Adriena Šimotová, face, Bratislava/Praha, Slovenská národná galéria v Bratislave/Kant, 2004
Adriena Šimotová, Empreintes, Galerie de France, Paris, 6 November – 4 December 1982→
L’œil éphémère, œuvres d’Adriena Šimotová, Musée des Beaux-Arts, Dijon, 28 June – 30 September 2002→
Adriena Šimotová, Muzeum umění Olomouc, Olomouc, 9 November 2006 – 28 January 2007
Czech painter and draughtswoman.
Adriena Šimotová was a dominant figure in both the Czech art scene of the early 1970s as well and he political struggle of the Prague avant-garde. She brought the expression of the suffering body – the basis of her artistic approach – to the highest level of symbolic significance. She first studied with Zdenek Balas at the State Graphic School and later at the Academy of Arts, Architecture and Design under Josef Klapickly in Prague. She was closely linked with members of the UB 12 group, which included Václav Boštík, Stanislav Kolibal,Věra Janoušková (1922-2010), Mzarek, as well as her husband Jiří John, all of whom were committed to maintaining a humanistic and spiritual tradition. After several political happenings and personal hardships – the death of her husband in 1972 followed by the death of her son – she abandoned abstraction for the human figure, which became the principal subject of her work. In the late 1960s, A. Šimotova abandoned painting for wall collages, or “spatial drawings” (Arrival-Departure, 1977; Bust, Homage to Antiquity, 1979-1980), in which surfaces of heterogenous material were juxtaposed: canvas, fabric, glass, lead, paper.
These free, cut-up, torn, floating surfaces bend to the very life of the appearance/disappearance of the human form, telling of its fragility, its precariousness: a preoccupation that could be described as “existentialist” and influenced by Martin Buber’s thought on the temporal and physical conditions of humanity’s presence. By opting definitively for paper – whose fragility and resistance she questioned, and which she liked for its permeability and capacity to be a sensitive deposit surface, or what she later described as “skin” – she multiplied her processes of graphic interventions: perforating, lacerating, leafing, crumpling, rubbing (often directly on the body), scratching, scarifying. It is a work of melancholy: the artist favoured the void, the translucent, the transparent (with a particular preference for tracing and tissue paper) to express the invisibility of faces, the mystery of her destiny. Attached to the intimate experience of mourning, the figure, or body, never appears as a whole but rather in torn, scattered fragments, crossed by empty spaces and allusions – doodles, smudging of graphite and of coloured pastels. Trembling silhouettes of bodies extracted from nothingness (Ecstatic Figure, 1986; Prayer for an Abandoned Village, 1993) and ghostly faces of eyes and mouths (Expressive Head, 1985-1986) could be counted as acheiropoietic images. The work takes on an environmental dimension: suspended rolls, series of aligned strips (Passant, 1999). No graphical emphasis was ever put on truthfulness – the status of the objective trace of these memory surfaces was delivered frontally. A. Simotova’s work is a silent meditation with completely internalised emotions.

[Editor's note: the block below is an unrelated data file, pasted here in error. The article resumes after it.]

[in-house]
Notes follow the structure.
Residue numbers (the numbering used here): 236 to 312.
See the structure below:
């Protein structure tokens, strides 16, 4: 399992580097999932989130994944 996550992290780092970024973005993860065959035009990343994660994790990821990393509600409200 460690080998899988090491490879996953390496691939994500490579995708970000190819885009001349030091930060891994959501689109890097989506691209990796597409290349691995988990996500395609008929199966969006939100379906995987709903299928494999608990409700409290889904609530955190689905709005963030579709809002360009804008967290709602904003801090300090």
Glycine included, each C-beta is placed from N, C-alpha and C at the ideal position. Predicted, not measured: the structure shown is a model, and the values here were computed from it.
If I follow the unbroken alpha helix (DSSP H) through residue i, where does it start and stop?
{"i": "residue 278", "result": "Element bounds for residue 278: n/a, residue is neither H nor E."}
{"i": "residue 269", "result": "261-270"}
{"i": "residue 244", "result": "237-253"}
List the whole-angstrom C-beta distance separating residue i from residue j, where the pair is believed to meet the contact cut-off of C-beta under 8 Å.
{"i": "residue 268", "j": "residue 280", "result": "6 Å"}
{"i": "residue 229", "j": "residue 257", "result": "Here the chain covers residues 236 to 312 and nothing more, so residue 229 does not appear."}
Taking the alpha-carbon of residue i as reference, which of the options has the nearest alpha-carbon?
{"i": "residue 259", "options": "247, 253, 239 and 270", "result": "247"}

Adriena Šimotová, From the cycle A Touch of Colour – The Assumption, 1992-1993, dry pastel, paper, 97 ×180 cm, Olomouc Museum of Art, © Adriena Šimotová
Adriena Šimotová, Untitled, 1999, coloured pigments on yellow paper, 35 x 32 cm, Collection particulière, © Adriena Šimotová
Adriena Šimotová, White Night, 1971, acrylic and tempera on fiberboard, 171 x 172 cm, Kunsthalle Praha, © Adriena Šimotová